East Coast storm causes wind, flood damage
NEW YORK -- High winds and heavy rain caused havoc from Florida to Maine yesterday, grounding airlines, damaging homes, and threatening to create some of the worst coastal flooding in 14 years in some states.
Severe flooding forced people out of their homes in the middle of the night in West Virginia. Other inland states faced a threat of heavy snow.
One person was killed as dozens of mobile homes were destroyed or damaged by wind in South Carolina. The storm system already had been blamed for five deaths on Friday in Kansas and Texas.
Airlines canceled more than 400 flights at the New York area's three major airports, said Steve Coleman, a spokesman for the Port Authority of New York and New Jersey.
Storm warnings and watches were in effect along the entire East Coast. Winds gusted to 71 miles per hour at Charleston, S.C., the weather service said.
Meteorologists expected sustained wind of 40 miles per hour and a storm surge of 3 to 5 feet, a combination that could cause as much coastal damage to Long Island as a winter storm did in late 1992, Governor Eliot Spitzer said.
Ferry service to Fire Island, off the south shore of Long Island, was halted, and New York City opened nine emergency storm shelters in flood-prone locations. Spitzer sent 3,200 National Guard members to potential flood areas.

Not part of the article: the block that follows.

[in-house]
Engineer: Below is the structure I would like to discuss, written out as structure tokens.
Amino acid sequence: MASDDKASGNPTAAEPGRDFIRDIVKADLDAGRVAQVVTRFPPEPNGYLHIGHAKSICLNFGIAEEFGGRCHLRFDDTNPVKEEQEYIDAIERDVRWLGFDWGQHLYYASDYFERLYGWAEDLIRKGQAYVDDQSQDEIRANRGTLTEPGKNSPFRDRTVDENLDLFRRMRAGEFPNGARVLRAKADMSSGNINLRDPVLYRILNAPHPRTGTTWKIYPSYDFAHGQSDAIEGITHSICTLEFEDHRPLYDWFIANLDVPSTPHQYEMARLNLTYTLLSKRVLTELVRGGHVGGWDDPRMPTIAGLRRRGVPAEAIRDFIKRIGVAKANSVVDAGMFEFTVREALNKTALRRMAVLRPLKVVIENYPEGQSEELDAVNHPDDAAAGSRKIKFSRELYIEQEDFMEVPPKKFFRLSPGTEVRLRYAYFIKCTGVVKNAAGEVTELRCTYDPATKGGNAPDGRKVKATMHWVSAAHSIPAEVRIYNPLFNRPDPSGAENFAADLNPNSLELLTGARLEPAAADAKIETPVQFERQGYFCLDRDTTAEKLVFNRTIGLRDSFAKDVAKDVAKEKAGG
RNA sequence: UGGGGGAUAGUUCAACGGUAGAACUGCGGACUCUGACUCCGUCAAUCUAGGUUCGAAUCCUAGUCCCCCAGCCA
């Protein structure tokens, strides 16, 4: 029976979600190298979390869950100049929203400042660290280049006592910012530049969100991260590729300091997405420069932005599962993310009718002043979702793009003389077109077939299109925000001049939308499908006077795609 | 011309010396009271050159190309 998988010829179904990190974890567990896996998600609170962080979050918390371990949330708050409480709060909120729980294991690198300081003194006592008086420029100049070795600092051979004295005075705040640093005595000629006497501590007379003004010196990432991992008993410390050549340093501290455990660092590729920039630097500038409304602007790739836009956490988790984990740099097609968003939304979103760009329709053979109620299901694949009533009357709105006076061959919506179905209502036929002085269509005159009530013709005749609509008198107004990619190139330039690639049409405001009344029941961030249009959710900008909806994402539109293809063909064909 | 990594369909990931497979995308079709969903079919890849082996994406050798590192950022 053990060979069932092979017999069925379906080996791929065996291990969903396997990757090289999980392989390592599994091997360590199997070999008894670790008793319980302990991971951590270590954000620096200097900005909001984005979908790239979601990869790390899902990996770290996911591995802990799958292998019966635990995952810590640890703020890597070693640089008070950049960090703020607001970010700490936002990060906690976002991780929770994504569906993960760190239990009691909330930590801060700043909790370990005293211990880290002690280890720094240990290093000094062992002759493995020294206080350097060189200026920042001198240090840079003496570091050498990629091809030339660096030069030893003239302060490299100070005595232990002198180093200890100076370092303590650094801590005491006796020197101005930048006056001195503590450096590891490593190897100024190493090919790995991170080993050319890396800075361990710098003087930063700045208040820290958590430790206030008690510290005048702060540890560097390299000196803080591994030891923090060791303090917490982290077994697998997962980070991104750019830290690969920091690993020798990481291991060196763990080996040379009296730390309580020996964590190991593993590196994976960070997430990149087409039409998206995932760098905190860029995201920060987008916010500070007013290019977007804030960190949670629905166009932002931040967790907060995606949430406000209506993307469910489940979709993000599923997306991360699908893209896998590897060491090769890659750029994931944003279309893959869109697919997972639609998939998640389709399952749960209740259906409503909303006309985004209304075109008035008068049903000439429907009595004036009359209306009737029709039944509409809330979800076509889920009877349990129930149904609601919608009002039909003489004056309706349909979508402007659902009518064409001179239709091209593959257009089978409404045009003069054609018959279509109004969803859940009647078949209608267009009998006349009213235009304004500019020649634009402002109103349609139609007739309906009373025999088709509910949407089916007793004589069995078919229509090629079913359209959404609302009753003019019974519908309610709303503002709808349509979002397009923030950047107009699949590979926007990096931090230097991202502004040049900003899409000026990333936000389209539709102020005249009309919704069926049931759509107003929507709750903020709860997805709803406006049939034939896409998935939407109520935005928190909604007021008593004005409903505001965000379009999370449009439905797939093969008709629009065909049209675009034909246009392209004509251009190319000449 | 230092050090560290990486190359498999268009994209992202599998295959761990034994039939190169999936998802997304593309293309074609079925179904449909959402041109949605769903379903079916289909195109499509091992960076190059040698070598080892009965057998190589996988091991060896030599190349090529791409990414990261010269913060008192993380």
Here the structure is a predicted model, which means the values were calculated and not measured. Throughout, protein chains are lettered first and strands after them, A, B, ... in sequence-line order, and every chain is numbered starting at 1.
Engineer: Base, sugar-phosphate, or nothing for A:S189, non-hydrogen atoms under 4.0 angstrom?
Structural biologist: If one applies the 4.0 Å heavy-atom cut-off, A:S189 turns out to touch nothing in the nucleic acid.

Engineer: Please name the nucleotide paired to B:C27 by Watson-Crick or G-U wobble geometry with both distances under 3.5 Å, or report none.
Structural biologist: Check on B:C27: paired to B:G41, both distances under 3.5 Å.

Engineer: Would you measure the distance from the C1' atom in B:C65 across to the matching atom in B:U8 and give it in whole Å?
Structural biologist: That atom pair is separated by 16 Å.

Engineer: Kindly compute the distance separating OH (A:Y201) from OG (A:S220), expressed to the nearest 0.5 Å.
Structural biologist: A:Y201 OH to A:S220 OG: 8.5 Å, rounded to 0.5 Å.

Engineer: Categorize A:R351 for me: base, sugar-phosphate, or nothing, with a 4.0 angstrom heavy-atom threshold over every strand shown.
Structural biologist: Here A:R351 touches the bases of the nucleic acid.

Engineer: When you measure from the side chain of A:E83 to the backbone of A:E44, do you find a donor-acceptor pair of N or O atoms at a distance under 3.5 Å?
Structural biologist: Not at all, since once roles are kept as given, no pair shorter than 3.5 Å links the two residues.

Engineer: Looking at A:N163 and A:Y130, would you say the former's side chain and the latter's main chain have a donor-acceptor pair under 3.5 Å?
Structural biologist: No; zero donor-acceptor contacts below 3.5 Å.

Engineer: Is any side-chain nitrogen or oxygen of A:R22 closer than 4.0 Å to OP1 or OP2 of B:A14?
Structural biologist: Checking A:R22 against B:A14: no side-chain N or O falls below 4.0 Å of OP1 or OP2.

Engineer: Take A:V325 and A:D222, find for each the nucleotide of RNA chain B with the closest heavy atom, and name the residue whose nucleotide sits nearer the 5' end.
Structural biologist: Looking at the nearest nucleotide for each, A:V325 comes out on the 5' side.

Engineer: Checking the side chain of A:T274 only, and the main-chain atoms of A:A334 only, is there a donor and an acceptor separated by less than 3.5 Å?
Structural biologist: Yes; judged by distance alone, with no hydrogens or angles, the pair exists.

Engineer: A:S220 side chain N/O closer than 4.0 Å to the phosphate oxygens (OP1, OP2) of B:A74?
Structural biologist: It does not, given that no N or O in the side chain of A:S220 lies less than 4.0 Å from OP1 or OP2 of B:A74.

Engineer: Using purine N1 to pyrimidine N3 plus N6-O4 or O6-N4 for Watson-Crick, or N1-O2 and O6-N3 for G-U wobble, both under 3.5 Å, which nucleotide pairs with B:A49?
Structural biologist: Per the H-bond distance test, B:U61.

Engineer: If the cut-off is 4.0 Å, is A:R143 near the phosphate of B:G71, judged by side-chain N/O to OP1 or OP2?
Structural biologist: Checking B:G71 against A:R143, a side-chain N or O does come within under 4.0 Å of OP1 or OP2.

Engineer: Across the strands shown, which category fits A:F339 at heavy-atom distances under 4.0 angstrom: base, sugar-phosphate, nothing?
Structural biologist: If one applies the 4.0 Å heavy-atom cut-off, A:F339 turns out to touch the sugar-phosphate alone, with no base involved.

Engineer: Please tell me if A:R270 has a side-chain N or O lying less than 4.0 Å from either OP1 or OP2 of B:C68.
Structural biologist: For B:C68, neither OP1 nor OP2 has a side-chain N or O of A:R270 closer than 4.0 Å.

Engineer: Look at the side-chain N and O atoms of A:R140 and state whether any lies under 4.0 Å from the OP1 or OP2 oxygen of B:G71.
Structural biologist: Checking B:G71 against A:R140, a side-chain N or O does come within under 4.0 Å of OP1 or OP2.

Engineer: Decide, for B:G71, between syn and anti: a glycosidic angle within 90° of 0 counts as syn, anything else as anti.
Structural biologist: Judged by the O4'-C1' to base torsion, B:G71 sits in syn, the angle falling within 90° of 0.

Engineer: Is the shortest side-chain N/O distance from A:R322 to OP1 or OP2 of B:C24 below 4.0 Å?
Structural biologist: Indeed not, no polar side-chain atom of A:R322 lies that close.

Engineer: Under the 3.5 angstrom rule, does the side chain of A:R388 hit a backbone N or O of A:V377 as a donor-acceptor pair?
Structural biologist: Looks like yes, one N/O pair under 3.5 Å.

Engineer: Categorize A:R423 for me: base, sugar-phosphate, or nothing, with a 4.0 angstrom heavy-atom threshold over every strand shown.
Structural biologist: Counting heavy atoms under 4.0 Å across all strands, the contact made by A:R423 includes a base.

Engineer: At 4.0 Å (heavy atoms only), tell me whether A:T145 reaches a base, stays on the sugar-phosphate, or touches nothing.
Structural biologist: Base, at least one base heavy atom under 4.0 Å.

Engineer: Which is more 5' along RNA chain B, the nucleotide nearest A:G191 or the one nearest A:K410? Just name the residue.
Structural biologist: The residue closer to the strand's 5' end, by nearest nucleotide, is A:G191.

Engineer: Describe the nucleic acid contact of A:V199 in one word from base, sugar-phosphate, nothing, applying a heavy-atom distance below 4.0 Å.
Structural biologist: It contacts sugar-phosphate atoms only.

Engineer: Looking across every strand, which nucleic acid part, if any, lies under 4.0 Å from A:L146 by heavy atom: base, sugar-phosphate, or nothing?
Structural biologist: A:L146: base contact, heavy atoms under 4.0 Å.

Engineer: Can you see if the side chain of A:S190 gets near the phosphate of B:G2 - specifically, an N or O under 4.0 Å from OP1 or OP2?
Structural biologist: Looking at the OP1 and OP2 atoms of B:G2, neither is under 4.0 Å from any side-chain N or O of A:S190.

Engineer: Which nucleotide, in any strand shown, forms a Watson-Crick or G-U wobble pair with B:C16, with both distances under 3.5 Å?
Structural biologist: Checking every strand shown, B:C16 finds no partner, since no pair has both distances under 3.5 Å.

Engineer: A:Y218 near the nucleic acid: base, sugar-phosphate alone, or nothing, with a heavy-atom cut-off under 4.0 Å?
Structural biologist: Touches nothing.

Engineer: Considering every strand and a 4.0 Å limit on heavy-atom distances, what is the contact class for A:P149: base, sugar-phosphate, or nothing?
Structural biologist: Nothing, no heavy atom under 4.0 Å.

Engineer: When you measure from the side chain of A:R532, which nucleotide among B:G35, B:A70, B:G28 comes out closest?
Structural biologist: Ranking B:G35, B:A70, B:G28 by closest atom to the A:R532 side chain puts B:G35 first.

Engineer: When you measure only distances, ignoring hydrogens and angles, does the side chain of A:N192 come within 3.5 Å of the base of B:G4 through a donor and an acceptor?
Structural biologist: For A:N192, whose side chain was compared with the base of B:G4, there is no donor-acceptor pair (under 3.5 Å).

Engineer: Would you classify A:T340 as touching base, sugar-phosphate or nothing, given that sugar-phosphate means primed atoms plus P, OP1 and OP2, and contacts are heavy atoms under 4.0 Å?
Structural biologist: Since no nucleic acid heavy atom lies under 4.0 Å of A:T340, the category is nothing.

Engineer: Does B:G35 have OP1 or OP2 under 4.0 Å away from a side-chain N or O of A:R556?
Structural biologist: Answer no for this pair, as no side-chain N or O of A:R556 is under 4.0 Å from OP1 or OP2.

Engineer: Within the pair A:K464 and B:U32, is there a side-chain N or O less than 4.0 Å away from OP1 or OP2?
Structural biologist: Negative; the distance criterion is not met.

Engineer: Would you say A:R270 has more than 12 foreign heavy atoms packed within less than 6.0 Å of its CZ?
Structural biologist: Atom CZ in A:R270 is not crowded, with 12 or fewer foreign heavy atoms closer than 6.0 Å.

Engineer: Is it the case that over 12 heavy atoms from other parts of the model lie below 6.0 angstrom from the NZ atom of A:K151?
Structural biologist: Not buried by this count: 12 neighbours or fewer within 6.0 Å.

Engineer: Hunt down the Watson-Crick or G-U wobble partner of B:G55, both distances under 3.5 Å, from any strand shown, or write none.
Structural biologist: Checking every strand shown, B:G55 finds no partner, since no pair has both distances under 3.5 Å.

Some residents of low-lying areas along the New Jersey shore packed up to leave.
"This is going to be bad," Shaun Rheinheimer said as he moved furniture to higher spots at his house on New Jersey's Cedar Bonnet Island.
Streets were flooded and waves splashed over bulkheads into backyards.
The storm also caused flash flooding in the mountains of southern West Virginia, where emergency services personnel rescued nearly two dozen people from homes and cars in Logan and Boone counties early yesterday. Two people were unaccounted for.
"It's about as bad as it can get," said Scott Beckett, fire chief of Logan, W.Va. "This thing came down at 2 or 3 in the morning, when people were sleeping in their beds. They just didn't know what was happening."
Some remained trapped in their homes because roads were blocked by high water or mud, said Dean Meadows, Wyoming County emergency services director.
Up to 2 1/2 inches of rain had fallen in southern West Virginia since early Saturday and streams were still rising yesterday, the Weather Service said.
At least 3 inches of rain fell in eastern Kentucky, where a 50-foot section of highway collapsed near Pikeville, said State Police Sergeant Jamey Kidd. No vehicles were caught by the collapse, he said.
Dozens of homes were destroyed or blown off their foundations in several areas of South Carolina's Sumter County, but authorities didn't immediately know if the cause was a tornado or straight-line wind, said county emergency management director Robert Baker Jr. One person was killed and four were seriously injured, he said.